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Re: [groff] [patch] modernize -T ascii rendering of opening single quote

From: Jeff Conrad
Subject: Re: [groff] [patch] modernize -T ascii rendering of opening single quote
Date: Thu, 21 Feb 2019 10:01:07 +0000

On Wednesday, February 20, 2019 9:07 PM, G. Branden Robinson wrote:
> The Savannah ticket[1] says:
> rendering single quotes like `this' was considered an anachronism from
> the mechanical typewriter era."

I never did this with a mechanical (or electric) typewriter ...

The Chicago Manual of Style, 13th ed., says “a single quotation mark,
however, should not be used to indicate an accent, because it could be
either a grave or an acute accent” (2.14, p. 42)—so I guess it assumed
typewriter single quotes aren’t symmetrical.

> 1.  I would not mess with the ASCII device because `this' is sometimes a
> reasonable way to get symmetric quotes on an _actual_ ASCII output
> device.

We still have the question about what is (or was) a Genuine ASCII™
device, since different manufacturers had different implementations.  I
must admit that, after consulting an HP 2392 manual, I see that it used
the HP Roman 8 character set, so I probably had a device that displayed
symmetrical left and right quotes until at least the late 1980s.

> Knuth and the *roff progenitors decided on DWIM semantics for ` and ',
> building heavily on that ambiguity.  Cf. `foo' and `bar', \('a and
> \'a, speaking in *roff first and then TeX, respectively, in each pair.

This leaves the impression that the devices Knuth and Kernighan and
their associates rendered symmetrical left and right quotes.  Looking at
The Unix Programming Environment (1984), Chapter 9, Document
Preparation, it’s also apparent that double quotes were literal
renderings of “``word''” (‘‘word’’), printed on a Mergenthaler Linotron
202.  The same impression obtains from The C Programming Language
(1978), Preface; this was printed on a Graphic Systems (C/A/T?)

I notice that the 13th ed. of the Chicago Manual of Style also seems to
use adjacent single quotes for double quotes; the 17th ed. uses true
doubles. Things change ...

But is this literal or just markup?  For the AT&T folks, perhaps the
former.  With TeX, “``word''” gets mapped to “word”.  All I can say is
that it’s a lot easier to type (and read) “``word''” than
“\(lqword\(rq”.  I wish roff did the same thing (I still often use the
“traditional” markup and do the conversion with a front-end script).

> 2.  I _would_ change the latin1 device because there is no rational
> defense of 0x60 ` as an opening quote in Latin-1 (a.k.a. ISO 8859-1).
> In Latin-1 (and I think all the other ISO Latin alphabets, including
> ISO 8859-15), 0x60 is the GRAVE ACCENT and is never[4] mirror-symmetric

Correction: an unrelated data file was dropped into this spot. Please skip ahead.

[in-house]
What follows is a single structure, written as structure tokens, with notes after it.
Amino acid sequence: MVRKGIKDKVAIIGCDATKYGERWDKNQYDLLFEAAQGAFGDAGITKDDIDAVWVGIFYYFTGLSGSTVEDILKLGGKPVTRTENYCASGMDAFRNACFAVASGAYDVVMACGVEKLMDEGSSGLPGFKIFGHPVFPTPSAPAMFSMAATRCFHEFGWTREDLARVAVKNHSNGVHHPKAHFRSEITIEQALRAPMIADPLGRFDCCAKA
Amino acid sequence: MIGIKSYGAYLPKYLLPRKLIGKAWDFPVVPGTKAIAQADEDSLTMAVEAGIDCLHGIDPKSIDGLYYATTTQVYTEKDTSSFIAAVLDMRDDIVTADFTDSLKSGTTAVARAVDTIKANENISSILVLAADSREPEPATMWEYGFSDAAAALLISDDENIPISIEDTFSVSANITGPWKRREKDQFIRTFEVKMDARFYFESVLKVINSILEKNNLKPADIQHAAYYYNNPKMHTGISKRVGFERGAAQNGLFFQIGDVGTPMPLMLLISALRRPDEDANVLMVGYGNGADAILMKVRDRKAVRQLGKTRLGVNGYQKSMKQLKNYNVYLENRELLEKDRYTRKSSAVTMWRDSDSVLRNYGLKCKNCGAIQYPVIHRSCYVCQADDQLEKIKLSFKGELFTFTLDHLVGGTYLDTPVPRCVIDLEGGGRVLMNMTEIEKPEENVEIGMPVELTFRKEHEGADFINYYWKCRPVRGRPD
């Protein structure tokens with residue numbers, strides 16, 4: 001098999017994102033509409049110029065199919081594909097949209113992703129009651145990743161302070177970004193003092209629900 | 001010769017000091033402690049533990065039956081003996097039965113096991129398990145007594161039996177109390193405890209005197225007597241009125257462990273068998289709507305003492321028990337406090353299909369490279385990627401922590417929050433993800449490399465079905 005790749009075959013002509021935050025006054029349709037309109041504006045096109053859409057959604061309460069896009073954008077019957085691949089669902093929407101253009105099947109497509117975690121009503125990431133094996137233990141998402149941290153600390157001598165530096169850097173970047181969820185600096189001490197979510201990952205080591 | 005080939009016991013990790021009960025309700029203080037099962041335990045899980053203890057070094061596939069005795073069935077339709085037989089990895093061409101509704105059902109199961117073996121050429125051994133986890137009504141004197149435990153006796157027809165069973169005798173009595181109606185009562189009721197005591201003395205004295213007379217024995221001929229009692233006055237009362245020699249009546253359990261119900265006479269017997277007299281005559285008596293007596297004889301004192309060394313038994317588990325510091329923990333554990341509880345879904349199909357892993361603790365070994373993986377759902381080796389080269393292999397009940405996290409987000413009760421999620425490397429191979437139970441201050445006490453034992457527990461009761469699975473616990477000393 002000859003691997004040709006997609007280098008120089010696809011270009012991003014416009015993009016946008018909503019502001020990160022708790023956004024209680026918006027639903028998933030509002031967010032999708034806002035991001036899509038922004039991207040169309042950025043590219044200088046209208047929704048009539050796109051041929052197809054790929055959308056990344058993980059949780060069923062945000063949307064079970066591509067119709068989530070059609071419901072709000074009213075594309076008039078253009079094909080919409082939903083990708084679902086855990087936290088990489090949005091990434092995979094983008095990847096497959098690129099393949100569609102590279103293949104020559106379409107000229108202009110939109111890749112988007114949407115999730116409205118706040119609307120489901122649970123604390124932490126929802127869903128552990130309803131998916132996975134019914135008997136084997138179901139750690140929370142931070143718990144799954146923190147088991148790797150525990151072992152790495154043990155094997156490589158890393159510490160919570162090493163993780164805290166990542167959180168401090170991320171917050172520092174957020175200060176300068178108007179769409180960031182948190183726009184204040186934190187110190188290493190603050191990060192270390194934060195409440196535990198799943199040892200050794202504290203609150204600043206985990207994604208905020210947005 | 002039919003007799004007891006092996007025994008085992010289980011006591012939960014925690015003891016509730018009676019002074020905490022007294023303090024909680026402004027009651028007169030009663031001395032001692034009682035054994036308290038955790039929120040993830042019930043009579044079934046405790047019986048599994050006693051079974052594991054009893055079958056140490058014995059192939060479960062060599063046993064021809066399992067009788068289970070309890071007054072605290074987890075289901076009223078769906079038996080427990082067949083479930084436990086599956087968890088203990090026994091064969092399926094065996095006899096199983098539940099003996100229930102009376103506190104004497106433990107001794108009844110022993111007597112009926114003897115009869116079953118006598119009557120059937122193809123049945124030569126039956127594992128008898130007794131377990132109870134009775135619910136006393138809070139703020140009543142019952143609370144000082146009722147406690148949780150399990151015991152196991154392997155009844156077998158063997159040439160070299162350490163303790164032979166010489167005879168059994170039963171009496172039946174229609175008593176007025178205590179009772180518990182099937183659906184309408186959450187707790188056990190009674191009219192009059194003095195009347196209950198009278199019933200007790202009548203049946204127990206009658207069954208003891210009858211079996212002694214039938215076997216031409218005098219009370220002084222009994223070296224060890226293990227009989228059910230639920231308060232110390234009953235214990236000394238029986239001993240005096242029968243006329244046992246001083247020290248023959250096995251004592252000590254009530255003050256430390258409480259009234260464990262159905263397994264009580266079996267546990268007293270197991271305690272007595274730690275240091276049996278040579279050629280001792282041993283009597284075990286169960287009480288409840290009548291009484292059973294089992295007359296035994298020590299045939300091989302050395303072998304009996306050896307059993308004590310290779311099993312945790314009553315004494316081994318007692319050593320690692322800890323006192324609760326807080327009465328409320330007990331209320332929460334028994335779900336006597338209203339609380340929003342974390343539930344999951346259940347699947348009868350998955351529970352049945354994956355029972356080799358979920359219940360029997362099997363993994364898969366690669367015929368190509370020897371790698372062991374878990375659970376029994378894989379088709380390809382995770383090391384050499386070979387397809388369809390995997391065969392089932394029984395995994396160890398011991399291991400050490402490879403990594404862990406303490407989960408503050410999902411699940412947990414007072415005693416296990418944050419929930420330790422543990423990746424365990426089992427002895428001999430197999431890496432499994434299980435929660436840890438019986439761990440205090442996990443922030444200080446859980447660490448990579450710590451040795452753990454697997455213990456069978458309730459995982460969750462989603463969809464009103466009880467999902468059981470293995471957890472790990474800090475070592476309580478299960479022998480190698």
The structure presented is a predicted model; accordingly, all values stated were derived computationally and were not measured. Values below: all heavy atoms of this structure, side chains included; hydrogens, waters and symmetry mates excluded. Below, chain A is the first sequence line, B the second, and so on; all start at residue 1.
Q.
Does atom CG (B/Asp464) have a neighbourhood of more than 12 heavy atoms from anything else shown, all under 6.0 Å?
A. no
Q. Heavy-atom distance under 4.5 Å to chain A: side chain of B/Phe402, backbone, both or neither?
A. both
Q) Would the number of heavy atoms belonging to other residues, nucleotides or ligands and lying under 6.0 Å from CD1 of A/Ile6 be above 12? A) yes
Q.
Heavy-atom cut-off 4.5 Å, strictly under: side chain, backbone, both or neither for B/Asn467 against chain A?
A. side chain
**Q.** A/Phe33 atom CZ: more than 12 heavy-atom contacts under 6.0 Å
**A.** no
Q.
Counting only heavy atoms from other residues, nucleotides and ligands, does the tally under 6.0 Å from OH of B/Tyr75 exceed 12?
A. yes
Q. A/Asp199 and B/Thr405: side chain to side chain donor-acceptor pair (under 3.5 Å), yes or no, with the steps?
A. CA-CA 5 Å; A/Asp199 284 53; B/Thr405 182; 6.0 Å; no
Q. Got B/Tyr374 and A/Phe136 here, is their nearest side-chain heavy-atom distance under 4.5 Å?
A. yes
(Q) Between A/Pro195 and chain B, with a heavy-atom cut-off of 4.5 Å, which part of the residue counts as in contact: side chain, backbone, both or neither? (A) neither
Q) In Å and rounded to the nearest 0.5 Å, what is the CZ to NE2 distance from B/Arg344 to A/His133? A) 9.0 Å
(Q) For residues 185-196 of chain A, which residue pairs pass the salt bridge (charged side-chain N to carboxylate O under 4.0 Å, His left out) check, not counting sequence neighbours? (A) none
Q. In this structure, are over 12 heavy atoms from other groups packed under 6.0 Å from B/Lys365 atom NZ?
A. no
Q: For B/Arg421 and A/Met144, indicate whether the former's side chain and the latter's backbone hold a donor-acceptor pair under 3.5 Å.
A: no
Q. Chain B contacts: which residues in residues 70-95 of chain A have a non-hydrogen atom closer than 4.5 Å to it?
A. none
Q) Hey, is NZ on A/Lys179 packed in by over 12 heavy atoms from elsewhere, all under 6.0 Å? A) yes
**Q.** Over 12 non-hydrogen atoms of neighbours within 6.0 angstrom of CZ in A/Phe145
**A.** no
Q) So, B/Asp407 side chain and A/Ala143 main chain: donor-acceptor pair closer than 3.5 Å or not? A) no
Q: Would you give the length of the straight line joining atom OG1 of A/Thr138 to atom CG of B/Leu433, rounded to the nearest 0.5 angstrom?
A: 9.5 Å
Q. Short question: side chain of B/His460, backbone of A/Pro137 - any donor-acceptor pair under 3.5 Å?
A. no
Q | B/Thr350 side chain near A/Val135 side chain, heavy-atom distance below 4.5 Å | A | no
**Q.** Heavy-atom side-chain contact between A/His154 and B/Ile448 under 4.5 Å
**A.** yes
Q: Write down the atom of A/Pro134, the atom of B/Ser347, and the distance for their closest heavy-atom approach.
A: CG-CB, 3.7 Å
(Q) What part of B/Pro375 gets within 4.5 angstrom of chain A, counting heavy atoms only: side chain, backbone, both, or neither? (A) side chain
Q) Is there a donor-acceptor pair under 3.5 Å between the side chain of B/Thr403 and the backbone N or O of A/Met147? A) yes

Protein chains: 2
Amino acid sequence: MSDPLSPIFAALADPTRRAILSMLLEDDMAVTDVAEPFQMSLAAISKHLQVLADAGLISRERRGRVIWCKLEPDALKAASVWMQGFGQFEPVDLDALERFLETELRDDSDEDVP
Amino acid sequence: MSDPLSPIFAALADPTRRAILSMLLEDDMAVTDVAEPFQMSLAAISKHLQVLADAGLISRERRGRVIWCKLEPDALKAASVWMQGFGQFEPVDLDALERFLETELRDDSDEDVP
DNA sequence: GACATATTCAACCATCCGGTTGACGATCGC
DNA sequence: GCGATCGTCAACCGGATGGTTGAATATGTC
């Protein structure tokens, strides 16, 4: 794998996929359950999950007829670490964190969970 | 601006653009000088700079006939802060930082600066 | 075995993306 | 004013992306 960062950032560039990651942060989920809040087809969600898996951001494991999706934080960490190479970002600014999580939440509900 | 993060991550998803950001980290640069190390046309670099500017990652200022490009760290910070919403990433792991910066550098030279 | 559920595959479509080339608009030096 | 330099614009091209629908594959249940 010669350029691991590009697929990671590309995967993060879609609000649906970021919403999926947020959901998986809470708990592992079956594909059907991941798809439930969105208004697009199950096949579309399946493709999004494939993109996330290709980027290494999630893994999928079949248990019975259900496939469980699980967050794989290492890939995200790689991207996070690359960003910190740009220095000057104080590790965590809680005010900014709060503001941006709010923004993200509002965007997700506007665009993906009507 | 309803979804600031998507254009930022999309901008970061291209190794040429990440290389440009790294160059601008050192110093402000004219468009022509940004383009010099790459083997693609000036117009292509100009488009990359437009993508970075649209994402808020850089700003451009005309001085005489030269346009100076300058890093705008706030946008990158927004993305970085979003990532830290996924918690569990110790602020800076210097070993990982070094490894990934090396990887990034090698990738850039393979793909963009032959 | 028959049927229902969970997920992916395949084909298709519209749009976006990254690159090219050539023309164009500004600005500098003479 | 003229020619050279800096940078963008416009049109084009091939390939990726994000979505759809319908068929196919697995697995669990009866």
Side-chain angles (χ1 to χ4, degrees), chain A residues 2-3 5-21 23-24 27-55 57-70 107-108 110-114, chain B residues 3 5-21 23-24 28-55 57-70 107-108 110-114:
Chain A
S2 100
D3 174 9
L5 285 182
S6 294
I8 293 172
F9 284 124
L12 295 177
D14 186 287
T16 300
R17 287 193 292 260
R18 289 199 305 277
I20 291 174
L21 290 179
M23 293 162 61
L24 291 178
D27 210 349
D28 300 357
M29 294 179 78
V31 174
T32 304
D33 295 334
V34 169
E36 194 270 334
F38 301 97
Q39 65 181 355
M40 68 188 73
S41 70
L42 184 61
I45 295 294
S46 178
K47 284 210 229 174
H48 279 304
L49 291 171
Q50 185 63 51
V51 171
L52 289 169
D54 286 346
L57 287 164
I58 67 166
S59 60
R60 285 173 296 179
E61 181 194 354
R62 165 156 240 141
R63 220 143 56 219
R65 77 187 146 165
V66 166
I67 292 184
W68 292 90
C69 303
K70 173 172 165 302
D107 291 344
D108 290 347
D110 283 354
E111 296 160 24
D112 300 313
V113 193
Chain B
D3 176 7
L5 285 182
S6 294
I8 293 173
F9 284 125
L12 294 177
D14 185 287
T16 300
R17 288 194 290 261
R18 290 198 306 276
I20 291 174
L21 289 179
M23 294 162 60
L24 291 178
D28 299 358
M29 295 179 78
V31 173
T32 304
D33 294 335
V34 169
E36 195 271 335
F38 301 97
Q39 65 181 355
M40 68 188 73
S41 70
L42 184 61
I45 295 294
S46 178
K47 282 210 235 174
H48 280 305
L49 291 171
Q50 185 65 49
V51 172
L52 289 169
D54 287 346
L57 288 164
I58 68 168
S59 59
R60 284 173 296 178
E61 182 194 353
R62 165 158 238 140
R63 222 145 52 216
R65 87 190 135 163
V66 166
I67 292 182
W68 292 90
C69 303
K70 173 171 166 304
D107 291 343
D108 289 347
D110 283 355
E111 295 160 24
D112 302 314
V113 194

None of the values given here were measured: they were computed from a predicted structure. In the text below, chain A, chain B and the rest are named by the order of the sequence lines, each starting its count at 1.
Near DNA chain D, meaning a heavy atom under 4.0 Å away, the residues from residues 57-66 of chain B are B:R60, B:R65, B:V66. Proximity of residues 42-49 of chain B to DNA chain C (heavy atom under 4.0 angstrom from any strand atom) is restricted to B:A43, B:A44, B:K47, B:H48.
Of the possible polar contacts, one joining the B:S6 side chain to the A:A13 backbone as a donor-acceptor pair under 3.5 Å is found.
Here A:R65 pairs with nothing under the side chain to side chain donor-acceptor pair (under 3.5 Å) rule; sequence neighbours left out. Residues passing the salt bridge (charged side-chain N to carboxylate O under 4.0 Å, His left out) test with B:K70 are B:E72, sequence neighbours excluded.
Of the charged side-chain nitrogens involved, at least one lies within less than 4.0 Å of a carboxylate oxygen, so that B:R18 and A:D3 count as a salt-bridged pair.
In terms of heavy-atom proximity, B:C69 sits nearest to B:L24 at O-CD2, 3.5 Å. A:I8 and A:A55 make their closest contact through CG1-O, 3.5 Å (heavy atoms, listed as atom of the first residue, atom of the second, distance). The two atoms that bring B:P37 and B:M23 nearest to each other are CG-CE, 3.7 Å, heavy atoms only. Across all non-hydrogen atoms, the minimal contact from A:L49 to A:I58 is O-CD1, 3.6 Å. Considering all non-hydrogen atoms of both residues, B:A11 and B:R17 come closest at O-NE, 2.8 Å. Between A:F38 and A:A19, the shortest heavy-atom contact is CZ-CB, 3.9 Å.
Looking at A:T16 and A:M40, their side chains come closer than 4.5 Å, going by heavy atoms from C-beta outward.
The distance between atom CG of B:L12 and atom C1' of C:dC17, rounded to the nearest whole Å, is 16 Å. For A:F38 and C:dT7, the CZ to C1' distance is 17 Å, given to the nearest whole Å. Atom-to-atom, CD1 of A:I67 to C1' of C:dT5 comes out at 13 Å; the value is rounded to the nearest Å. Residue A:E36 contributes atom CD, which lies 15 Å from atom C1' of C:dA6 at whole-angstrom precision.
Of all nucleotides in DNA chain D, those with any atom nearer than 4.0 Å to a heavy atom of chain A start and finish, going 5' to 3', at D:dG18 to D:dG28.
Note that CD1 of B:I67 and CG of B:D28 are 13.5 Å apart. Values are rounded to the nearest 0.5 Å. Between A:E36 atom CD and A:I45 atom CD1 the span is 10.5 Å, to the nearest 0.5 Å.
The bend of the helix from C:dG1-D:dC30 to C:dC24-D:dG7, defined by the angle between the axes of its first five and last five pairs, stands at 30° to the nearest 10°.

> with 0x27 ' APOSTROPHE but is instead mirror-symmetric with 0xB4 ´ ACUTE

Hard to disagree with this; as it stands, it seems like it’s always been
wrong, because I don’t think ISO 8859-1 or ECMA 6 ever provided options
ECMA 6 did speak of using APOSTOPHE to simulate an acute accent, but
the graphic shown in the 1985 and 1991 versions is vertical (GRAVE
ACCENT is sloping upward to the left).

> On truly ASCII output devices, 0x60 GRAVE ACCENT _might_ be a
> directional single quotation mark that pairs with 0x27; it therefore
> makes sense to map \[oq] to 0x60.

But the operative word is _might_, so you’ve got to ask yourself one
question: Do I feel lucky?

More practically, how many users are likely to get crummy output on a
Genuine ASCII™ device if the change is made versus how many are getting
crummy output with things as they stand?  No question that devutf8 is
the preferred way to go, but it’s not always an option for everyone.

> On a Latin-1, Windows-1252, or Unicode device, the foregoing WILL NOT
> be true.  Latin-1 lacks directional quotation marks altogether, and the
> other two encodings have dedicated code points for them, respecting 0x60
> in its sole role as a spacing grave accent diacritic.  On none of these
> will 0x27 APOSTROPHE be a copy of 0xB4 ACUTE ACCENT.

This raises another question: why not a devcp1252?  Many browsers treat
it as a de facto superset of ISO 8859-1, but capriciously adding
characters from the C1 area to devlatin1 is probably a bad idea.

In all the excitement here, I created such a device and it works fine.
I run a Windows environment that has some issues with UTF-8, and this
allows reasonable rendering of most characters, including the infamous
use of an en dash for a minus sign because MS apparently didn’t consider
the latter important.

I don’t know if this works with fonts on *nix machines.

Jeff Conrad

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